Reading between the lines of a diagram

The international community, foggy about Iran’s clandestine nuclear activities, is finally growing tired of Tehran’s refusal to let the IAEA in.

But you may have missed that development, what with all the media commotion this past week focusing exclusively on what’s being leaked – particularly the now-famous diagram leaked to the AP – instead of what Iran’s doing.

As noted in our recent blog; no one claimed this was a smoking gun.  However crude and simplistic the diagram may be, it is yet another piece of evidence (however weak you may judge it to be) to be piled upon the satellite imagery, persistent lack of Iranian cooperation with the IAEA (see recent blog post) and indeed the UN organizations subsequently damming reports on Iran’s opaque nuclear program.

George Jahn, who originally released the leaked source, follows up a barrage of criticism by highlighting that:

“A senior diplomat familiar with the probe of Iran by the IAEA told the AP on Friday that the agency suspects that Iranian scientists calculating a nuclear yield intentionally simplified the diagram to make it comprehensible to Iranian government officials to whom they were presenting it. He said that when the right data are plugged in, the yield is indeed 50 kilotons.”

The American-Iranian Council, the known ‘beacon of neutrality’ (note sarcasm) on the Iranian nuclear program immediately looks for a simple explanation and blames Israel (the Guardian’s Glenn Greenwald unsurprisingly jumped to the same conclusions):   “That Associated Press story displaying a graph alleged to be part of an Iranian computer simulation of a nuclear explosion — likely leaked by Israel…” 

Well actually, Jahn continues…

“The diplomat, who is considered neutral on Iran’s nuclear program, spoke only on condition of anonymity because he was not authorized to divulge intelligence.”

And he was not alone…

“He and a second diplomat said other classified material held by the IAEA supports concerns that the graph may be part of a past Iranian effort at developing nuclear weapons. The second diplomat comes from a country suspicious of Iran’s nuclear intentions but not from the nation that shared the diagram with the AP.”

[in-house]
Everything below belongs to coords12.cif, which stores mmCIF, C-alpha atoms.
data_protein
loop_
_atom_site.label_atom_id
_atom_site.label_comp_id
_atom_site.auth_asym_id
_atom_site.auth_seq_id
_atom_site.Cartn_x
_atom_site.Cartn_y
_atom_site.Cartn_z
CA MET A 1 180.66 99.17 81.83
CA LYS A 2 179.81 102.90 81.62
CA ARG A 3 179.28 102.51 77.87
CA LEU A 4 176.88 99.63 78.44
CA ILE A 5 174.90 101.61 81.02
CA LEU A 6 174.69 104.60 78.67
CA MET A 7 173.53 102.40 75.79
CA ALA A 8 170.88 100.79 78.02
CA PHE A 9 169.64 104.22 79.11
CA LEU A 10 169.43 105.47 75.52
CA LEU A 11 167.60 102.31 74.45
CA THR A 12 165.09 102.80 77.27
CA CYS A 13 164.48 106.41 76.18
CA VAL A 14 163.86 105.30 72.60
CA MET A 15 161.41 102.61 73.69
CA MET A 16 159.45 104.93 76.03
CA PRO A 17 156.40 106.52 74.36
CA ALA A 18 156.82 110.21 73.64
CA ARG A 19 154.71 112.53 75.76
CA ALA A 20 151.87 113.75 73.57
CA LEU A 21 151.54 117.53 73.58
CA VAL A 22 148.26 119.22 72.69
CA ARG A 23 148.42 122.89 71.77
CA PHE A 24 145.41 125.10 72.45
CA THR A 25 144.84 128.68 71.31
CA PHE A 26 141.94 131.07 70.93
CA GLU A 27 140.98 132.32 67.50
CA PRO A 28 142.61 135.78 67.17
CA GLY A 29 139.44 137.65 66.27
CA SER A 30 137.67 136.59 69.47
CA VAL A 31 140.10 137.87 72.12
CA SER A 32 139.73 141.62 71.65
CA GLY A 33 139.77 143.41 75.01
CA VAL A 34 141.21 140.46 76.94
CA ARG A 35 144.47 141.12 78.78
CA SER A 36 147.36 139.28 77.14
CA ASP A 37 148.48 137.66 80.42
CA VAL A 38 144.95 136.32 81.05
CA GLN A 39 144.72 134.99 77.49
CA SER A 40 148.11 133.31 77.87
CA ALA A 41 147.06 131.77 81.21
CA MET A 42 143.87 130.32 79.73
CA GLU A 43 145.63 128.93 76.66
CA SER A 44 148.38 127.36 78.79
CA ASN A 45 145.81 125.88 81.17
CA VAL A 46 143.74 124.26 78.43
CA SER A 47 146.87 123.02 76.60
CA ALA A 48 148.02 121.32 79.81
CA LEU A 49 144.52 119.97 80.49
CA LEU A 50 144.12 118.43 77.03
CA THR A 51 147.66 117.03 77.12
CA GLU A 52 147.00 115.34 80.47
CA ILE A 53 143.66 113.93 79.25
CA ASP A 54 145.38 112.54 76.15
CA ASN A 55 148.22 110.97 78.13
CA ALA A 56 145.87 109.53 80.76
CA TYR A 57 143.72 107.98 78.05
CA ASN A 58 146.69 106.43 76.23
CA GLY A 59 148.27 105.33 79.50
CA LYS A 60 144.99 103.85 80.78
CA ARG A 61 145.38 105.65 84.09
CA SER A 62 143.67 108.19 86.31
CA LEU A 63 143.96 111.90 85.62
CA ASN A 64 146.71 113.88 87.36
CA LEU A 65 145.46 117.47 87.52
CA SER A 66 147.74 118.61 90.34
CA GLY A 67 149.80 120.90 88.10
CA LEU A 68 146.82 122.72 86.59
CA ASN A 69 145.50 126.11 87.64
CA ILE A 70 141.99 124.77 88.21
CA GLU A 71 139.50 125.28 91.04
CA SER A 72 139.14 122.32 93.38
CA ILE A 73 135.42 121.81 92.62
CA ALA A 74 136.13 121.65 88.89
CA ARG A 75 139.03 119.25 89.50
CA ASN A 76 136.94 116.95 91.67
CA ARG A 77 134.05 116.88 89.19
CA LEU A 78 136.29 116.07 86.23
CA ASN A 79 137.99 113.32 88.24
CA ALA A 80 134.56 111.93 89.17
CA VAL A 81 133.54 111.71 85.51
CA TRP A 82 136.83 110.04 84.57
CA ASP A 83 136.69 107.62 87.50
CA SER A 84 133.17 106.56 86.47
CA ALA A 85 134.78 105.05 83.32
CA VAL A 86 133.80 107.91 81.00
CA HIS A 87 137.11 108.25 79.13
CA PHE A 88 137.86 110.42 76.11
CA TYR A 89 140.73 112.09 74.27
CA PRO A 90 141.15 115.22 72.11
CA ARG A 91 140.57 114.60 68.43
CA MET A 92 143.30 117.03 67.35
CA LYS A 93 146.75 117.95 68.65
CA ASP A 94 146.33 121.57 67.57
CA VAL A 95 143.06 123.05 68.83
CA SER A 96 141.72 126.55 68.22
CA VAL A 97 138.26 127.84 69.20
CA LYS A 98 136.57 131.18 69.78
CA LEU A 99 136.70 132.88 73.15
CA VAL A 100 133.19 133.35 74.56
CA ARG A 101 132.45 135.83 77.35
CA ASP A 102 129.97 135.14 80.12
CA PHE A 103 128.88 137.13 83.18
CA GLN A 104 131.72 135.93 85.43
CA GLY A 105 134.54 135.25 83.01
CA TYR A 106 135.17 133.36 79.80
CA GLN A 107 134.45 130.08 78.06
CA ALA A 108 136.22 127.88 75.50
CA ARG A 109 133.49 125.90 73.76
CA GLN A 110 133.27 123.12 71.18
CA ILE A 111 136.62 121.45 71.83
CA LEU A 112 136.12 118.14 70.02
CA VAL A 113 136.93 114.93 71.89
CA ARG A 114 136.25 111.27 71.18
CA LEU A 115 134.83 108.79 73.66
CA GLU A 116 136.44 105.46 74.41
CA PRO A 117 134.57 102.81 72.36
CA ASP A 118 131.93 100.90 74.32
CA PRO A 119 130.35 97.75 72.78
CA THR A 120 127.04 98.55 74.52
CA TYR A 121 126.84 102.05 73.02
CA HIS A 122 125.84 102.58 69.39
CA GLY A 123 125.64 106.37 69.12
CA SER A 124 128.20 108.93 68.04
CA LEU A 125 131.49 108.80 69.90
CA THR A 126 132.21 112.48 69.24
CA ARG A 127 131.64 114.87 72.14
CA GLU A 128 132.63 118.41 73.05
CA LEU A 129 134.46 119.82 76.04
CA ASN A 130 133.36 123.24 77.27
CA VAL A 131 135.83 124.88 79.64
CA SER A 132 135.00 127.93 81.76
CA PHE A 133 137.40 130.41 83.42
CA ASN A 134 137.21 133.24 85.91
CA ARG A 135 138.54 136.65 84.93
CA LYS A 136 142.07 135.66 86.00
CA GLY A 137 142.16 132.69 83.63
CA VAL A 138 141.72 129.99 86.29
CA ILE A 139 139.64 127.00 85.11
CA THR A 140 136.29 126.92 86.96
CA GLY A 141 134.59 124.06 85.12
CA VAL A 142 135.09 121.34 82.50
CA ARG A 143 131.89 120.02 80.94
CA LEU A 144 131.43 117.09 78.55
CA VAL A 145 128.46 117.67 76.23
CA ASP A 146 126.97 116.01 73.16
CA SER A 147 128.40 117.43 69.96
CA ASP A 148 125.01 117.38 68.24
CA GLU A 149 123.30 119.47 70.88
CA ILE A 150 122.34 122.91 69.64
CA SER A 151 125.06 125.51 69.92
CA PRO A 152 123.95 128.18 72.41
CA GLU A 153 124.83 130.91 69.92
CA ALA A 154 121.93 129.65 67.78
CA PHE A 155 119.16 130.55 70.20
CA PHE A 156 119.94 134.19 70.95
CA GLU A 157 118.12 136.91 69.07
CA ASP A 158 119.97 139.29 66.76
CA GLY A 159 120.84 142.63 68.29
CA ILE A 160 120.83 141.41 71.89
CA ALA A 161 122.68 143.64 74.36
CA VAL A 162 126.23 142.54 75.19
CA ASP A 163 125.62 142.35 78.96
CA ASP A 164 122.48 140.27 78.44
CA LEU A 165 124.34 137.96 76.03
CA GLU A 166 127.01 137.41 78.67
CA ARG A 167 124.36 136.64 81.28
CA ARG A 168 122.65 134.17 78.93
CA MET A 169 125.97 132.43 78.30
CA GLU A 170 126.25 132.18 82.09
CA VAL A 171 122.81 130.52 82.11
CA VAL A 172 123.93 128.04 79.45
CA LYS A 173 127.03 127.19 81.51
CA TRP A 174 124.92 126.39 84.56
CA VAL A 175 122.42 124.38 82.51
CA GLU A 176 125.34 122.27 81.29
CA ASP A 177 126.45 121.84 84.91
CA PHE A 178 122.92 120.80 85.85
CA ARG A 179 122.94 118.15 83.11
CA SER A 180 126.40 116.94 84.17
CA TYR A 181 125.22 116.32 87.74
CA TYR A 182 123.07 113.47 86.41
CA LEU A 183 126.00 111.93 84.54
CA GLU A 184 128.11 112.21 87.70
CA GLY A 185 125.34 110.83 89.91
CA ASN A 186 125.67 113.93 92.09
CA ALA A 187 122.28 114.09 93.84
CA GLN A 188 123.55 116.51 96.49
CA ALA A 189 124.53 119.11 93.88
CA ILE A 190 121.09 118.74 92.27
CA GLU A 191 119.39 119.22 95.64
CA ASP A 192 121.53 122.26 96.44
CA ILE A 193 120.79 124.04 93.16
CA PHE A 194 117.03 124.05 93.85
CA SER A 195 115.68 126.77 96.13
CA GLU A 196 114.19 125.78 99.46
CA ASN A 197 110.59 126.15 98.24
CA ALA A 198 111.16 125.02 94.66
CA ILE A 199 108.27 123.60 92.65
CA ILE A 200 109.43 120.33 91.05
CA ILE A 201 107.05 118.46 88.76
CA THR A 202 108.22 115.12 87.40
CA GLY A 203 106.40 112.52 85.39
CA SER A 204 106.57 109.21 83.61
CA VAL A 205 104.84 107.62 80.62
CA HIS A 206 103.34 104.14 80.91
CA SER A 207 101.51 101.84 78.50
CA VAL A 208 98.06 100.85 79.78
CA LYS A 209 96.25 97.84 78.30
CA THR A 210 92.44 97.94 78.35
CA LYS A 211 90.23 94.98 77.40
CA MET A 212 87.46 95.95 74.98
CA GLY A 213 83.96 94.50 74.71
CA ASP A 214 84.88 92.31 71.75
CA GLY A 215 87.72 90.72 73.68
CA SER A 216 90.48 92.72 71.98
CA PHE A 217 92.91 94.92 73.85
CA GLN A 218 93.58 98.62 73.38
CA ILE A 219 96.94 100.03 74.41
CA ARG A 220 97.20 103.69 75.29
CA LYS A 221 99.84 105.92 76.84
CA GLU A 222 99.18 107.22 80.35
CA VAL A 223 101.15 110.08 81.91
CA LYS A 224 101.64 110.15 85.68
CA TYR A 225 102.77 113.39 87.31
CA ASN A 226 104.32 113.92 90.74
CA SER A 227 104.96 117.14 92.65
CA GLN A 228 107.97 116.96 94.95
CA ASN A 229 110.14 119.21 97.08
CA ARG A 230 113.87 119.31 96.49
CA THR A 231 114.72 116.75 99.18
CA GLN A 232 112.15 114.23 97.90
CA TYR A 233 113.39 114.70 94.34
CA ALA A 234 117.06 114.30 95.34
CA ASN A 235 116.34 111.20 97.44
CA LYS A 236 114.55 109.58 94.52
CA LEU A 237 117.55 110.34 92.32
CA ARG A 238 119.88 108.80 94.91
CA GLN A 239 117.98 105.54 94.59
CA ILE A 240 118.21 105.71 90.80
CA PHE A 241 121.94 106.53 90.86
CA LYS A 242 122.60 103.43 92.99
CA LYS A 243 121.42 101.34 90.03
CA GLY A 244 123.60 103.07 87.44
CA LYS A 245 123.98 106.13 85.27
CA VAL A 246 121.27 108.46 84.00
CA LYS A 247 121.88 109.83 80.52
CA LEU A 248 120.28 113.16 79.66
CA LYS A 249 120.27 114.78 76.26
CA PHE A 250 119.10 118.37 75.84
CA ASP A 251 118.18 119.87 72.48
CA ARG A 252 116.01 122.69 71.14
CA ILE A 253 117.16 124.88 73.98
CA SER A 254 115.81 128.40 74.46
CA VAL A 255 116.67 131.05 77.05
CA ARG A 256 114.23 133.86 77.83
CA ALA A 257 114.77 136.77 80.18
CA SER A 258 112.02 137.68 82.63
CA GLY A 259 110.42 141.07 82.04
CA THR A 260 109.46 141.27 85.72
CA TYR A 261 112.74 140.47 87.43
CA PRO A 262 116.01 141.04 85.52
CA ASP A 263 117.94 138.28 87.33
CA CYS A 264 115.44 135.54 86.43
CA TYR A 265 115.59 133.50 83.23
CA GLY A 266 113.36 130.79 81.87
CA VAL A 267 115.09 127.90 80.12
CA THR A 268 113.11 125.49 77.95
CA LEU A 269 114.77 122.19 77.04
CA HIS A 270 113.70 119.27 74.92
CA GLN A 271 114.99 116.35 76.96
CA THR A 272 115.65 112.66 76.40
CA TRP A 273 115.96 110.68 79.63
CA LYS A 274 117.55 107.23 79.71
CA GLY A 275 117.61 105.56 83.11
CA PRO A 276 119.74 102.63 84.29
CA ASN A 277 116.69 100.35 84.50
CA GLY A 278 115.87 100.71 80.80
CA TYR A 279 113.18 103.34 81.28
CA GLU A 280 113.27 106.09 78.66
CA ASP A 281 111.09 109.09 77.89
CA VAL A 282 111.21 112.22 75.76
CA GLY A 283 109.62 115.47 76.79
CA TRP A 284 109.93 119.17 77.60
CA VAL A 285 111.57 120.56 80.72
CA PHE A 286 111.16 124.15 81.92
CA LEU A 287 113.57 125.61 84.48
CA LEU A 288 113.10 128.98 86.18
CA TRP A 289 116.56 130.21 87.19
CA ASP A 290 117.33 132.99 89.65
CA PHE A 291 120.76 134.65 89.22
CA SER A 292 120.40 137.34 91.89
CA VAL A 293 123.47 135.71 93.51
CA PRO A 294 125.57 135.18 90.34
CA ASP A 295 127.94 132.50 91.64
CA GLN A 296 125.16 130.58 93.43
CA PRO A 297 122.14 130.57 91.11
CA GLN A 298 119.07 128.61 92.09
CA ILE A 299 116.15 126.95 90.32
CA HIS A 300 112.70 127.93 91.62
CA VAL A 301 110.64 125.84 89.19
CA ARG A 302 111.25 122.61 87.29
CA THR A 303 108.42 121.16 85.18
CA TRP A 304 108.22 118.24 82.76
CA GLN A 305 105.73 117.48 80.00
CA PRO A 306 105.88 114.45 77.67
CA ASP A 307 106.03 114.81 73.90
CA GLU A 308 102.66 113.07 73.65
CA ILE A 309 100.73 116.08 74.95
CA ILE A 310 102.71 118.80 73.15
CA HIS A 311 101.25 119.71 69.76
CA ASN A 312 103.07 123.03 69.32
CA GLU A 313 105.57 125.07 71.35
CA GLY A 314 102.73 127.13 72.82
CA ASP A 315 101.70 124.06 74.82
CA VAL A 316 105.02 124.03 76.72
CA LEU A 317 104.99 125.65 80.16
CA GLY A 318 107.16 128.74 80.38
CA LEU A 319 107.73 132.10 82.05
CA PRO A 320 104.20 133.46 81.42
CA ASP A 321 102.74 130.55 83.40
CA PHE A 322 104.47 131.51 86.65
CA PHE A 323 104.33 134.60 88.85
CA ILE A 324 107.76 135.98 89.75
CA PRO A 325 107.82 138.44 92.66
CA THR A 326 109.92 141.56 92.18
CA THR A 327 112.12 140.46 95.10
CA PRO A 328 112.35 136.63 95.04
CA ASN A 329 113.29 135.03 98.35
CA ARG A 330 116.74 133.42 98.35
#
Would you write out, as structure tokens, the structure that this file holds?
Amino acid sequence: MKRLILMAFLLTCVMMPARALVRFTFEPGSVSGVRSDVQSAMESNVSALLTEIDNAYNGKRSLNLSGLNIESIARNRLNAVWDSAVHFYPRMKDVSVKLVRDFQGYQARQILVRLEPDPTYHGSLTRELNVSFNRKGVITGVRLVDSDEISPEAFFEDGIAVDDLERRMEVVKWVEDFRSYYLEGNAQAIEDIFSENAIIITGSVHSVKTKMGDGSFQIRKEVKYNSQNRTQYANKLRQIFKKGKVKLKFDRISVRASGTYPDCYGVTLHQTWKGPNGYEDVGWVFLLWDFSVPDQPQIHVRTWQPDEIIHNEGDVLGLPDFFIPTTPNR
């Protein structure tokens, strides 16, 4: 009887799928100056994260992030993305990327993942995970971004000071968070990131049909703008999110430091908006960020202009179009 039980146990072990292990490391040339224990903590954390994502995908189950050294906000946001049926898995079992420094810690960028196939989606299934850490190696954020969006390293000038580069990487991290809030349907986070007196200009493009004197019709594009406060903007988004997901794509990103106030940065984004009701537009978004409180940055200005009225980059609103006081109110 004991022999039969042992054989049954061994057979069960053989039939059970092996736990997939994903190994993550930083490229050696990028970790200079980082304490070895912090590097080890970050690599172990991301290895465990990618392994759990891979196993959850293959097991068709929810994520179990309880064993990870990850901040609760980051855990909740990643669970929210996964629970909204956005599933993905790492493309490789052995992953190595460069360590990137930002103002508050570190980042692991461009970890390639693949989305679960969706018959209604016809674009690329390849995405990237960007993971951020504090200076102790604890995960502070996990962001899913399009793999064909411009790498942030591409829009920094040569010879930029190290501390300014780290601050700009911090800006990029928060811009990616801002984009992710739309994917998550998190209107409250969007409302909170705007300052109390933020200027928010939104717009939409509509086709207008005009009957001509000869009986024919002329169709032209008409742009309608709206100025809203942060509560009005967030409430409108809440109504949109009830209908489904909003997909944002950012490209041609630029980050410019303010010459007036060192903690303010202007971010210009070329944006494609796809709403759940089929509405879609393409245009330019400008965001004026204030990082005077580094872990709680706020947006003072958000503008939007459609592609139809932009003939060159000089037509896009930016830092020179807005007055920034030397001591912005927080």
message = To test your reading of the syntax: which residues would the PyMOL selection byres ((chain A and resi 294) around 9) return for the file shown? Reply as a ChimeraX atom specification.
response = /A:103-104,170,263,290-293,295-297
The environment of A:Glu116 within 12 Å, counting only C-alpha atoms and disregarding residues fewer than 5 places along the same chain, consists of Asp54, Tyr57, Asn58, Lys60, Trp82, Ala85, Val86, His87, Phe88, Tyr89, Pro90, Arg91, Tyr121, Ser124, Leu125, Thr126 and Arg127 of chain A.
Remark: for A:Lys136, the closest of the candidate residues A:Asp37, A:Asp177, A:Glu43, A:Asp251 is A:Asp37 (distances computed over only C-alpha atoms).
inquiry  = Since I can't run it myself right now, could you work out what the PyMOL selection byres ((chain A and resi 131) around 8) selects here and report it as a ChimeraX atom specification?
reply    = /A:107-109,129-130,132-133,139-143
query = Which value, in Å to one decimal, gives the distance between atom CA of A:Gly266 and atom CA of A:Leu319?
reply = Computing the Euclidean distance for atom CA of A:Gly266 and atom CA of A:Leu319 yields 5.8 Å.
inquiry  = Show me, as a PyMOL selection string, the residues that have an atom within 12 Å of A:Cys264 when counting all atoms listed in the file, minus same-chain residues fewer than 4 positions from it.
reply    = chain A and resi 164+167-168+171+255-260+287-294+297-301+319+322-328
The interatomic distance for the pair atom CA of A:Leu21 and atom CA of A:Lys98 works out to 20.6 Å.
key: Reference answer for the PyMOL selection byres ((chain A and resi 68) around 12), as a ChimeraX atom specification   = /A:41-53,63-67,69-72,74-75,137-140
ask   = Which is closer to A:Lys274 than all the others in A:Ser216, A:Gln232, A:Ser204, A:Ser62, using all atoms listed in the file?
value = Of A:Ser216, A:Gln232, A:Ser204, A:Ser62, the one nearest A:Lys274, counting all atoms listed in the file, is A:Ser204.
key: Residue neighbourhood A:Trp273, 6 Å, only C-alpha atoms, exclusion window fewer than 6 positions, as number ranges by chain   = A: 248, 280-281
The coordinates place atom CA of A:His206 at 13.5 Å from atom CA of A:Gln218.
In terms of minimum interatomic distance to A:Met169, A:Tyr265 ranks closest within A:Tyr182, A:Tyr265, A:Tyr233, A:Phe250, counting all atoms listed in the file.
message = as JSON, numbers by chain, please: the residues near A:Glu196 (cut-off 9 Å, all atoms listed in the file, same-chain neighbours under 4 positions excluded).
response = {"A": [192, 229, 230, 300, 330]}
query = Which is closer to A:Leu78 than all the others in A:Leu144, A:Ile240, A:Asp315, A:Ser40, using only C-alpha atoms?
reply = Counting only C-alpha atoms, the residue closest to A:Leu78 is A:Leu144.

Neither is this an anomalous jigsaw piece:

“The drawing seen by the AP is not the only diagram obtained by the IAEA that raised agency suspicion.  The U.N. agency reported on Nov. 8, 2011, that it had obtained diagrams it suspects shows Iran doing studies in nuclear yields, adding: “The application of such studies to anything other than a nuclear explosive is unclear to the agency.” And the senior diplomat on Tuesday confirmed that the graph seen by the AP was indeed one of those cited by the IAEA.”

At a glance, it is merely a graph, a diagram; and certainly no smoking gun.  If we are going to continue with the metaphors and idioms, it is not even the straw the breaks the camel’s back.  But reading between the lines, and seeing this diagram (and the others the IAEA claims to have) in the context of continuous Iranian deception regarding just about everything related to their nuclear program; all of a sudden it is no longer just a diagram.

Blogging & updating on #Iran related news- focusing on Politics, Human Rights & the Iranian nuclear Program. Followed by top Middle East Analysts, Reportes & think tanks.

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Posted in AP, Iranian Internal Issues
2 comments on “Reading between the lines of a diagram
  1. […] ← Reading between the lines of a diagram […]

  2. […] This is no trivial question; in fact, the answer should be key for those – including a few thoughtful journalists like Julian Borger  who relied on the article Butt co-wrote attacking AP’s recent nuclear diagram report (see our recent blog). […]

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